Realistically, it's a multiplier of the two. You can make up for a slower clock with more cores and vice versa, but the number of hashes per second is dependent on both.
Sadly, I'm not aware of any specific formula to approximate hashes per second for a given clock speed and number of cores.
It's important to note, by the way, that the one thing that won't buy you more hashes per second is the complexity of the cores. This is why Nvidia may make great cards for gaming purposes, but they suck for mining - games make better use of exotic new instructions than SHA256 does.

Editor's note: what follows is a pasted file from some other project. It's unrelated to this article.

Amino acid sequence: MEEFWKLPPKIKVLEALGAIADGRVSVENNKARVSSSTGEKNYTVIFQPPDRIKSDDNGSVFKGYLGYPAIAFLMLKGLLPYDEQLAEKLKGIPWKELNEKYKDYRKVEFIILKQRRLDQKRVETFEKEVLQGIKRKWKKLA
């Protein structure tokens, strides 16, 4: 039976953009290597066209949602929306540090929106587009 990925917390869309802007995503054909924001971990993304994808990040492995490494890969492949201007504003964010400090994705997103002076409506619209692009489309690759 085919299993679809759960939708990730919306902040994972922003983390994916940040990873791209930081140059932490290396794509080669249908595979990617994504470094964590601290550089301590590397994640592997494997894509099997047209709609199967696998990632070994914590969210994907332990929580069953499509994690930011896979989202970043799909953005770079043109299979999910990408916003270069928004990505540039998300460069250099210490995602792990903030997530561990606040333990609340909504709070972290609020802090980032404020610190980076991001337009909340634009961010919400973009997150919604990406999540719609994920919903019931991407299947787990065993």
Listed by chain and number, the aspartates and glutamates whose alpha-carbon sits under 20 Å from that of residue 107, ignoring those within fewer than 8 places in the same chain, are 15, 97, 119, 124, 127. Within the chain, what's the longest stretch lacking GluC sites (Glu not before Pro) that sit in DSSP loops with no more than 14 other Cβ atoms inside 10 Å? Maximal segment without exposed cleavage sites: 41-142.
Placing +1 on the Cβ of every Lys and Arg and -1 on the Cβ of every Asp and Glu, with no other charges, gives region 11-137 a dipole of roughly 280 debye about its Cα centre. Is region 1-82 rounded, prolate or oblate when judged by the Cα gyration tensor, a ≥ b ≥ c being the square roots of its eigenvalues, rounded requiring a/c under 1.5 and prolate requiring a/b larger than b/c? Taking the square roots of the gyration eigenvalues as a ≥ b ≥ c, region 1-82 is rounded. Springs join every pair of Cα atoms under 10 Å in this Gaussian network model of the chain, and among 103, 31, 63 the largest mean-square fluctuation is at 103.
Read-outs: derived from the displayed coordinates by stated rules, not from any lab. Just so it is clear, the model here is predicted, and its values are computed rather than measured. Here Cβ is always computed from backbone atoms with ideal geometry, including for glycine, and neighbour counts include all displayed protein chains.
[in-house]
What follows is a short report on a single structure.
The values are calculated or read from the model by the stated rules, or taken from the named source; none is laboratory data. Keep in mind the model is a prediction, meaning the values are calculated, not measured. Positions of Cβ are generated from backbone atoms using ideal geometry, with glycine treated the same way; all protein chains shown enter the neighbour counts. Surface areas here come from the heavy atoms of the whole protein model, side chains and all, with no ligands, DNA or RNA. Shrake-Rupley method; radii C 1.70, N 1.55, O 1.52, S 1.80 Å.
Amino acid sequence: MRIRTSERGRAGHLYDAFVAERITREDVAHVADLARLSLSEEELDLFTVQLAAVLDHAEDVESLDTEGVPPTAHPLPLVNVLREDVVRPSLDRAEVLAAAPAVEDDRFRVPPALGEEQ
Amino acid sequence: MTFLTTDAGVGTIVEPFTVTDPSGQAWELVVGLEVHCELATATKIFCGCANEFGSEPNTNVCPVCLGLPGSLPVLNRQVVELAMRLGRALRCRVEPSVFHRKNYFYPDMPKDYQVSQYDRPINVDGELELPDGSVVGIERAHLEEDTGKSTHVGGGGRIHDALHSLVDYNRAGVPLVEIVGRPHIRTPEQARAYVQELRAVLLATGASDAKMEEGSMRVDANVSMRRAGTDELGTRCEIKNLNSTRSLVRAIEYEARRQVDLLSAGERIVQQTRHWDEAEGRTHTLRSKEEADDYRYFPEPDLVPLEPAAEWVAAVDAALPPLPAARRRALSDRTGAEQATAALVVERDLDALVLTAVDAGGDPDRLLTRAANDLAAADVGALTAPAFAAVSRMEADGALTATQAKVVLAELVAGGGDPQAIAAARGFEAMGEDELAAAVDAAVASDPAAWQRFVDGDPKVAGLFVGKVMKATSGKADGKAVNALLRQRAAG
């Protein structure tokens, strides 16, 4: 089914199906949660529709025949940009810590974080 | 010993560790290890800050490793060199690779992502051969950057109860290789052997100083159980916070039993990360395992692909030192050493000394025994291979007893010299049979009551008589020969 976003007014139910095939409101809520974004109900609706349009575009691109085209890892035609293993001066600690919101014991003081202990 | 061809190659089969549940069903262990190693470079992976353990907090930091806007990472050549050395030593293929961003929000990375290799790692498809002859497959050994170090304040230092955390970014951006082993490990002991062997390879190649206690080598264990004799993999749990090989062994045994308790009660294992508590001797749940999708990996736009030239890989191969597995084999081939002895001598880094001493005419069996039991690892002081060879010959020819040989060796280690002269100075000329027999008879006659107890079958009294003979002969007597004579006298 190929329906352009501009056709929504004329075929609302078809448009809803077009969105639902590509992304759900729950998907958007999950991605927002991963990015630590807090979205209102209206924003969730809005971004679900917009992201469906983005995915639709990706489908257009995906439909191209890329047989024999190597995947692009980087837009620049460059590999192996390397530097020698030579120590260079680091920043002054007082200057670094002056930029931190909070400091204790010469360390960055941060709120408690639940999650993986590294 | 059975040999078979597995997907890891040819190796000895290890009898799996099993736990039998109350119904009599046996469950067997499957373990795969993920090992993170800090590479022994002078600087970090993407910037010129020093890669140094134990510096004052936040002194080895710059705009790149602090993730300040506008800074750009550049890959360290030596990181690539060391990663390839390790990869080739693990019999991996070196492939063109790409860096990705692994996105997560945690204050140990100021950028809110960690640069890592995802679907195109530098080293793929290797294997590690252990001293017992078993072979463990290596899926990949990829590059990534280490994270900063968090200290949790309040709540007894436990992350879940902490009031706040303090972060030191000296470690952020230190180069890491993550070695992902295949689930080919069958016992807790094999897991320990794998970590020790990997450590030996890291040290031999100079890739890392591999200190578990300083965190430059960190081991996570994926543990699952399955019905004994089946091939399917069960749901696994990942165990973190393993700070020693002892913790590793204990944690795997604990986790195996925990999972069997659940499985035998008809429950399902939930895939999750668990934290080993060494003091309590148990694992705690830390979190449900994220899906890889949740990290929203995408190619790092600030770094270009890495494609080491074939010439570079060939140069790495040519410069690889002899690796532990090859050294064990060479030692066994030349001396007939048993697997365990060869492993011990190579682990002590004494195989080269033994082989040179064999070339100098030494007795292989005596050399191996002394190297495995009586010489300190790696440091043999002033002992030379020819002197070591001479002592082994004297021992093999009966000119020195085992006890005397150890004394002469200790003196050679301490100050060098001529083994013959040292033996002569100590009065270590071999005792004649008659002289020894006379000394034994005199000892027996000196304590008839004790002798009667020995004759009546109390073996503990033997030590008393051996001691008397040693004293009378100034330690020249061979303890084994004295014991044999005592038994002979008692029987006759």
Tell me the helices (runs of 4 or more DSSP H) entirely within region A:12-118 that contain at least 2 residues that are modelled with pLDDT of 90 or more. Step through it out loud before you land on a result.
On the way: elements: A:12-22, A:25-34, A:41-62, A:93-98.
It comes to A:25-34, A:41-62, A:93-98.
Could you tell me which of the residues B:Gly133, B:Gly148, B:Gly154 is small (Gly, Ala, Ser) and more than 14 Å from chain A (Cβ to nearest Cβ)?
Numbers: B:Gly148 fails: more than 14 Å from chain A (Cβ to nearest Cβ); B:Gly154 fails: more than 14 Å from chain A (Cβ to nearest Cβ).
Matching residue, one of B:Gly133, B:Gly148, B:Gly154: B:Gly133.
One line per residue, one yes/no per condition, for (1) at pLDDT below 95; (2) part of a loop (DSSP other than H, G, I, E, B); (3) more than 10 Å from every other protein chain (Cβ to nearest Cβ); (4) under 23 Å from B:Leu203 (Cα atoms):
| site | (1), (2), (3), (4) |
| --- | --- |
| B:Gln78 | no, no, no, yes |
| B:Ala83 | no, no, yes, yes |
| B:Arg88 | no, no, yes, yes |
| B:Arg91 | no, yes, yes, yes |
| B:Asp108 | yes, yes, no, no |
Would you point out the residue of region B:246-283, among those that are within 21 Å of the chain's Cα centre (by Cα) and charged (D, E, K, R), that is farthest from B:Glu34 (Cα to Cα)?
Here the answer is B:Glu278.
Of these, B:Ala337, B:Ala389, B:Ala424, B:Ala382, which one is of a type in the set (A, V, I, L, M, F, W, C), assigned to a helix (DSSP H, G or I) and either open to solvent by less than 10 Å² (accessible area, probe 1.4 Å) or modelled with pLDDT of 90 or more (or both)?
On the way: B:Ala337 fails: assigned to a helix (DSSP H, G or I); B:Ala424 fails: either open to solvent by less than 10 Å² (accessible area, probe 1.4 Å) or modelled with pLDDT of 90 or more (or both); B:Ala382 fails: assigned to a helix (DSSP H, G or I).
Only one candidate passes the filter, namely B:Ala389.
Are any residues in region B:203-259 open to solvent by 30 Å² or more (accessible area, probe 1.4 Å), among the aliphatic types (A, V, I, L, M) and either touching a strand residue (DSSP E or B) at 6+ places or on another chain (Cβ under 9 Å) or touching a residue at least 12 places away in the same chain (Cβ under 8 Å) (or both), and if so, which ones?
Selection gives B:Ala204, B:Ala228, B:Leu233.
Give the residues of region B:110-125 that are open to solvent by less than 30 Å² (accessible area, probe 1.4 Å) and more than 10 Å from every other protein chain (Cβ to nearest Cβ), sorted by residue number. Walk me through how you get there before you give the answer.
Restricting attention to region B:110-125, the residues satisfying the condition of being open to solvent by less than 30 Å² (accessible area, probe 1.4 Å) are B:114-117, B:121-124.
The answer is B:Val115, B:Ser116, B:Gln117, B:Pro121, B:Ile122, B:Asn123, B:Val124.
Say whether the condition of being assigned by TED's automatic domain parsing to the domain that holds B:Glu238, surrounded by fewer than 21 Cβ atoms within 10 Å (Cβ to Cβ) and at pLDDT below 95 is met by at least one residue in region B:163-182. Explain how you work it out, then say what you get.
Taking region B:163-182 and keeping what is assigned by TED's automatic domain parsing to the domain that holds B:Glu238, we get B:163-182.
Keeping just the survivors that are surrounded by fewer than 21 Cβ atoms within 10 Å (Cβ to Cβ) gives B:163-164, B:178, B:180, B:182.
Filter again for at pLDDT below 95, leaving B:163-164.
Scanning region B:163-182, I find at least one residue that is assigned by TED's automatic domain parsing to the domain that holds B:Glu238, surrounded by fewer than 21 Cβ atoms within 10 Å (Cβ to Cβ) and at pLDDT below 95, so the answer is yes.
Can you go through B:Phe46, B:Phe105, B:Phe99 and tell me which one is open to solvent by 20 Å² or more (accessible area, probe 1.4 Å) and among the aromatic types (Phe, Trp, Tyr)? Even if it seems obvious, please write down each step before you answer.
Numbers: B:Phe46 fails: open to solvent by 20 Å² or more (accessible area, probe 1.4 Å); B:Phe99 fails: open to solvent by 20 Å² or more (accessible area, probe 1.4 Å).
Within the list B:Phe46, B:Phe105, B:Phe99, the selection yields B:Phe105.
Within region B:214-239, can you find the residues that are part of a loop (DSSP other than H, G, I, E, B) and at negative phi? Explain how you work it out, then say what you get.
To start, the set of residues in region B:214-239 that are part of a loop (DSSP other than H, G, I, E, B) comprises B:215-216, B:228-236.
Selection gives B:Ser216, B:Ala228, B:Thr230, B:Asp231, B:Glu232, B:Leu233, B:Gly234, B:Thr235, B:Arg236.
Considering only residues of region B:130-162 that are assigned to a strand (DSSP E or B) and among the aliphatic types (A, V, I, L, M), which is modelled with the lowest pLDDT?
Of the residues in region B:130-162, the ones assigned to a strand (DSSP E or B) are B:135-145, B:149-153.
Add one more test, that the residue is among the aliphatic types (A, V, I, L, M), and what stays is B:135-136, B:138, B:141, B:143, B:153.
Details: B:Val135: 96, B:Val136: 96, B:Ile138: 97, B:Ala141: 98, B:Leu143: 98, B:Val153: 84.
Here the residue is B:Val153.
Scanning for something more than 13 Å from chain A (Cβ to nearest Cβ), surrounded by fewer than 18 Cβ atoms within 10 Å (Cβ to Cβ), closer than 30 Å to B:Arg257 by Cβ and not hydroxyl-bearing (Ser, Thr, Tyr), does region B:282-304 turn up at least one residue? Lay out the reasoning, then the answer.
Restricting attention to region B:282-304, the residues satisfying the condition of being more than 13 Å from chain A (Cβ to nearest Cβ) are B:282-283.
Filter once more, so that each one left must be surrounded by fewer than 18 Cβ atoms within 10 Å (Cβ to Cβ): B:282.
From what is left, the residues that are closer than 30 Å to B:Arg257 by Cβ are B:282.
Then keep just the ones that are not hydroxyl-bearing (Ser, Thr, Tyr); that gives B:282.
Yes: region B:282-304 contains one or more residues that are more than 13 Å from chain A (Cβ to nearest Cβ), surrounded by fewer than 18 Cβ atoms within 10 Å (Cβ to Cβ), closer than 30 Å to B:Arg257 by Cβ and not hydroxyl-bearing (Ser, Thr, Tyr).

Update: Thanks to the table David Schwartz linked to I've been able to estimate that a theoretical AMD GPU core running at 1 MHz can calculate approximately 300 hashes per second. Therefore we can estimate hashes/sec as Cores * Clock * 300. This isn't really all that exact and it seems to over-estimate some cards and under-estimate otheres, even within the same family so I'm guessing ambient temperature and other factors were interfering with test results, but it seems to be an ok estimate in most cases. YMMV. It also fails miserably with older cards, but those get such pathetic hash rates it probably doesn't matter anyway.